The issue of rules that allow law-enforcement agencies to confiscate cash or other property during an investigation has drawn attention recently.
Such confiscations are often allowed even if no criminal charges are ever filed, and those losing the property must go to court to get their property.
For lawmakers in one state, however, those laws have gone too far.
The Institute for Justice is reporting lawmakers in Wyoming have banned the practice by officers of “badgering” drivers stopped on traffic infractions to sign pre-written waivers transferring title to property, including cash.
The bill, “Roadside waiver of property rights prohibited,” was signed recently by Wyoming Gov. Matt Mead.
It states plainly, “A law enforcement officer may not request, require, or in any manner induce any person to execute a document purporting to waive, for purpose of forfeiture under this section, the person’s interest in or rights to property seized.”
It also states any such document “is null and void.”
And finally, it allows confiscation “after a hearing and a finding of probable cause as required” by the law.
IJ said that previously, “during traffic stops, officers have badgered drivers into signing pre-written waivers that not only waive their rights to their property, but also waive their right to the limited protections offered by the state’s civil forfeiture laws.”
Wyoming’s bill, sponsored by Rep. Charles Pelkey, puts the state in the company of just two others, Texas and Virginia, that have similar bans.
“Due process doesn’t happen on the side of a road and we’re pleased to see Wyoming ban this abusive tactic,” said Institute for Justice attorney Dan Alban. “But the state’s civil forfeiture laws remained unchanged, and still need major reform. No one should lose their property without being convicted of a crime.”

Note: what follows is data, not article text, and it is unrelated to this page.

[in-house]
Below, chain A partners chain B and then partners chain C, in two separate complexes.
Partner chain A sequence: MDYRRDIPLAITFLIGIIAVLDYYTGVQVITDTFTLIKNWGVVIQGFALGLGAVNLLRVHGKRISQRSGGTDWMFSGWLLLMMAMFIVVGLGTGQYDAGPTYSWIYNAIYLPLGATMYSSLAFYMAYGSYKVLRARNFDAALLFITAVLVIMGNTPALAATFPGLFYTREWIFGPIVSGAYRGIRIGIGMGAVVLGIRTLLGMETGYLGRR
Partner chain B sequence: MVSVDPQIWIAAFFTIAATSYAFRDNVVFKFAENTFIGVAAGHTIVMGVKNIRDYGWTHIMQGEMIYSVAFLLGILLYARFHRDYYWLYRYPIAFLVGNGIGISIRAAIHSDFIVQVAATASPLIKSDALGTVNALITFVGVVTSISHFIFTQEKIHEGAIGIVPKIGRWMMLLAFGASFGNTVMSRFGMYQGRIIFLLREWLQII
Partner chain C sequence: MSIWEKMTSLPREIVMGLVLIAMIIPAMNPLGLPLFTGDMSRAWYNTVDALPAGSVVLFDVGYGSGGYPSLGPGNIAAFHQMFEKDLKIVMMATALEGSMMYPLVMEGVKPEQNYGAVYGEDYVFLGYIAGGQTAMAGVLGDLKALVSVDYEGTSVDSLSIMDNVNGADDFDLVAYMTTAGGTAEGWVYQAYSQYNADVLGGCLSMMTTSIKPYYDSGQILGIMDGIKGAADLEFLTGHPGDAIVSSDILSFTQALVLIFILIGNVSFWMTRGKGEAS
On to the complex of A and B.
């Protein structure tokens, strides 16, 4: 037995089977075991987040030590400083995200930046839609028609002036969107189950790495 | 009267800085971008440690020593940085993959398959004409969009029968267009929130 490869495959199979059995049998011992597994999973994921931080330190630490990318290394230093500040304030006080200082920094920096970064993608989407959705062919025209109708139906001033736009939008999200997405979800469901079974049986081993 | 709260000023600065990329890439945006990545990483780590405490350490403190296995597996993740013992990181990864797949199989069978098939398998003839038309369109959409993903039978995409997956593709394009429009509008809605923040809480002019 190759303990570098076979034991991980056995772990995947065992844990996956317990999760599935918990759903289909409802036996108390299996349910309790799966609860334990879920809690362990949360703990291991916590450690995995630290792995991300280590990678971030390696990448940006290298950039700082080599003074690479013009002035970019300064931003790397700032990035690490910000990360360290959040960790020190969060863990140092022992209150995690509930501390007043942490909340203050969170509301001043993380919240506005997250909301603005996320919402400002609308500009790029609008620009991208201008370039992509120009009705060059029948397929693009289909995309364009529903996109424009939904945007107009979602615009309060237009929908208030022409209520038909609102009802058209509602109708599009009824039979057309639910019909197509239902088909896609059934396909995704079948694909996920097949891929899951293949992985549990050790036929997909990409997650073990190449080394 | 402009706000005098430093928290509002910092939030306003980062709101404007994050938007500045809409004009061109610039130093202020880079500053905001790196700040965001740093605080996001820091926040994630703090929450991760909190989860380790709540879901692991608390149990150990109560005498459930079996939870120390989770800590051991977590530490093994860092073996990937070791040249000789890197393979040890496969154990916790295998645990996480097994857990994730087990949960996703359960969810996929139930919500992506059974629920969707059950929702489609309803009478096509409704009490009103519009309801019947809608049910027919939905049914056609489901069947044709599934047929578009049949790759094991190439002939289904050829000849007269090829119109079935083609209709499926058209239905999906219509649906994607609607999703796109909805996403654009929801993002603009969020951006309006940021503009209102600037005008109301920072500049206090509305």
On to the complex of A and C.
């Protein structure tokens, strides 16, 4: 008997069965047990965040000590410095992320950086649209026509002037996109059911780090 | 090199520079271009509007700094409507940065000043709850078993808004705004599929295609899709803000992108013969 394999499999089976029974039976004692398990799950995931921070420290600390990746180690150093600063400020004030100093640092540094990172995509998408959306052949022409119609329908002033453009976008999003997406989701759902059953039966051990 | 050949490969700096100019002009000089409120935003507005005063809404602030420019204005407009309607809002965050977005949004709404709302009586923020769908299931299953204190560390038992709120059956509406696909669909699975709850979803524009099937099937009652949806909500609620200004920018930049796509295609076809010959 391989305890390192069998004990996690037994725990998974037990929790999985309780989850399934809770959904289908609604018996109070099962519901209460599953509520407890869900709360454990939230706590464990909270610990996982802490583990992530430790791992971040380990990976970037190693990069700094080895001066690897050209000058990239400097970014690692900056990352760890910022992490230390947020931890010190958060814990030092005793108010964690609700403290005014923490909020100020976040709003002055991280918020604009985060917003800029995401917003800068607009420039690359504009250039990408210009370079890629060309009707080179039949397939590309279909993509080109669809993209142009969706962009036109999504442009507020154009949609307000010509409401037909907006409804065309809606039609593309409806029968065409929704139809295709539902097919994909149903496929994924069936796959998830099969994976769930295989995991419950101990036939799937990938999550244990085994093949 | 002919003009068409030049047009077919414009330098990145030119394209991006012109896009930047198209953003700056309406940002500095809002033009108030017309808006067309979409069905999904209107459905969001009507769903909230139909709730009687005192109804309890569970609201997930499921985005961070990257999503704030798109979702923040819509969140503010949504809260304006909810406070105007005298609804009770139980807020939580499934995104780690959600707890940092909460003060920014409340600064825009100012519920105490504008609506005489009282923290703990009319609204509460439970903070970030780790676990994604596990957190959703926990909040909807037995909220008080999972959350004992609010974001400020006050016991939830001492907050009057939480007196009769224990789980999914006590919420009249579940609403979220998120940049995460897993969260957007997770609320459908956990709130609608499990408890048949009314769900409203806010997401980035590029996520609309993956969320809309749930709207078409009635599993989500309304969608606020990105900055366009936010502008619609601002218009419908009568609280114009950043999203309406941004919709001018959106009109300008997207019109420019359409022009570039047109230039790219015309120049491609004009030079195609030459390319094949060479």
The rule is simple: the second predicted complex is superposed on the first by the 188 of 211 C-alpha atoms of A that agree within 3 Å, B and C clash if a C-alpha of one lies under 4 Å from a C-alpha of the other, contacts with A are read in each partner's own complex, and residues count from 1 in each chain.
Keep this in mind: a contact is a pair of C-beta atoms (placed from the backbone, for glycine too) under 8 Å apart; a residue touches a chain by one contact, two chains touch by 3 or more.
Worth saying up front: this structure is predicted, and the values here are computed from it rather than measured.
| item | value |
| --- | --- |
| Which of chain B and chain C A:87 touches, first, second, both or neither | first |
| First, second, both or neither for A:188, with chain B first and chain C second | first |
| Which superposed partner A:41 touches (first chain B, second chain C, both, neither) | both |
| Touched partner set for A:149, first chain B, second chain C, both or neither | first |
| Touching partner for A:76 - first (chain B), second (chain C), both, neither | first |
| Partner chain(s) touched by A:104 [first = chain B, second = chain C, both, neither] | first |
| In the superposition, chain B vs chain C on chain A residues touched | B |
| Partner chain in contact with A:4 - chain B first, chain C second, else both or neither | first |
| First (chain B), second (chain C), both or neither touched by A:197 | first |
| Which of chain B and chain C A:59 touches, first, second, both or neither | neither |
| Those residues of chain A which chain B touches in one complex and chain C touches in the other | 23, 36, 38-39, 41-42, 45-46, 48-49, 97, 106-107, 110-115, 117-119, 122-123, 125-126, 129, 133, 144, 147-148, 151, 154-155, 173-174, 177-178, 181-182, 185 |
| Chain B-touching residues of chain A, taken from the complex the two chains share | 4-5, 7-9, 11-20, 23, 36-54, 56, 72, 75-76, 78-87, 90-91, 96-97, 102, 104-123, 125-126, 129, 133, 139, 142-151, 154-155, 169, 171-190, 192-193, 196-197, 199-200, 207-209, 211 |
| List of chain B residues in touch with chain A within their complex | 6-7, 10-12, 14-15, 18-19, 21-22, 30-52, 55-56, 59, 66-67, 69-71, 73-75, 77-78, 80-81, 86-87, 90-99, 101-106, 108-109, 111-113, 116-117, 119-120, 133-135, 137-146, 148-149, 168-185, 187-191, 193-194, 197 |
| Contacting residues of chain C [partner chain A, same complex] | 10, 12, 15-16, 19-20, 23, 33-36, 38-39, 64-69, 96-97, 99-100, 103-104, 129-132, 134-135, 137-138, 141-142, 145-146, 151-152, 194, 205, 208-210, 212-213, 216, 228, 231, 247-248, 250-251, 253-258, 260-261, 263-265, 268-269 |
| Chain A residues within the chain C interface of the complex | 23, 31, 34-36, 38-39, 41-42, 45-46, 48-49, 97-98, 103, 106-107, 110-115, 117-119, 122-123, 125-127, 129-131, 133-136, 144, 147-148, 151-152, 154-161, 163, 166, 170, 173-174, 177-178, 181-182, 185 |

IJ reported the law was in response to a case in which Wisconsin musician Phil Parhamovich had his “entire life savings” of $91,800 seized by highway patrol officers.
He was stopped for not wearing a seat belt. The officers searched his vehicle and found his savings, which he intended to use as down payment on a recording studio, hidden in a speaker.
“After aggressively interrogating Phil, and while still on the side of the interstate, officers pressured him to sign a waiver form ‘giving’ them his money,” IJ reported.
The organization described that waiver as “bizarre.”
It stated: “I … the owner of the property or currency described below, desire to give this property or currency, along with any and all interests and ownership that I may have in it, to the State of Wyoming, Division of Criminal Investigation, to be used for narcotics law enforcement purposes.”
Aside from a $25 ticket for not wearing his seatbelt, Parhamovich was never charged with any crime.
He spent months trying to recover his funds then worked with IJ on the case.
“Just hours after his case went public, a Wyoming judge ordered the state to return all of Phil’s money,” IJ reported.
“It’s a great relief to know that no one will have to go through what I went through,” Parhamovich said. “Obviously our police system is in need of many reforms but this is a step in the right direction.”
WND has reported on the move against the state allowances for forfeiture before a conviction.
A year ago, Ohio adopted a law that requires criminal charges be filed before police can take an individual’s assets.
“Reducing perverse economic incentives, the new law prohibits local governments from using the U.S. Department of Justice’s ‘equitable sharing’ program as a loophole to bypass constitutional protections on property rights in most cases, while still allowing government law enforcement agents to perform their duties and protect people,” said Jesse Hathaway, a research fellow and budget-tax expert at the institute.
“Government law enforcement should not be financially motivated, but motivated by a desire to protect and serve taxpayers. Civil asset forfeiture creates an economic incentive to engage in the forfeiture process, perverting the law. This measure reduces that incentive to do wrong and will help protect against the possibility of abuse,” Hathaway said.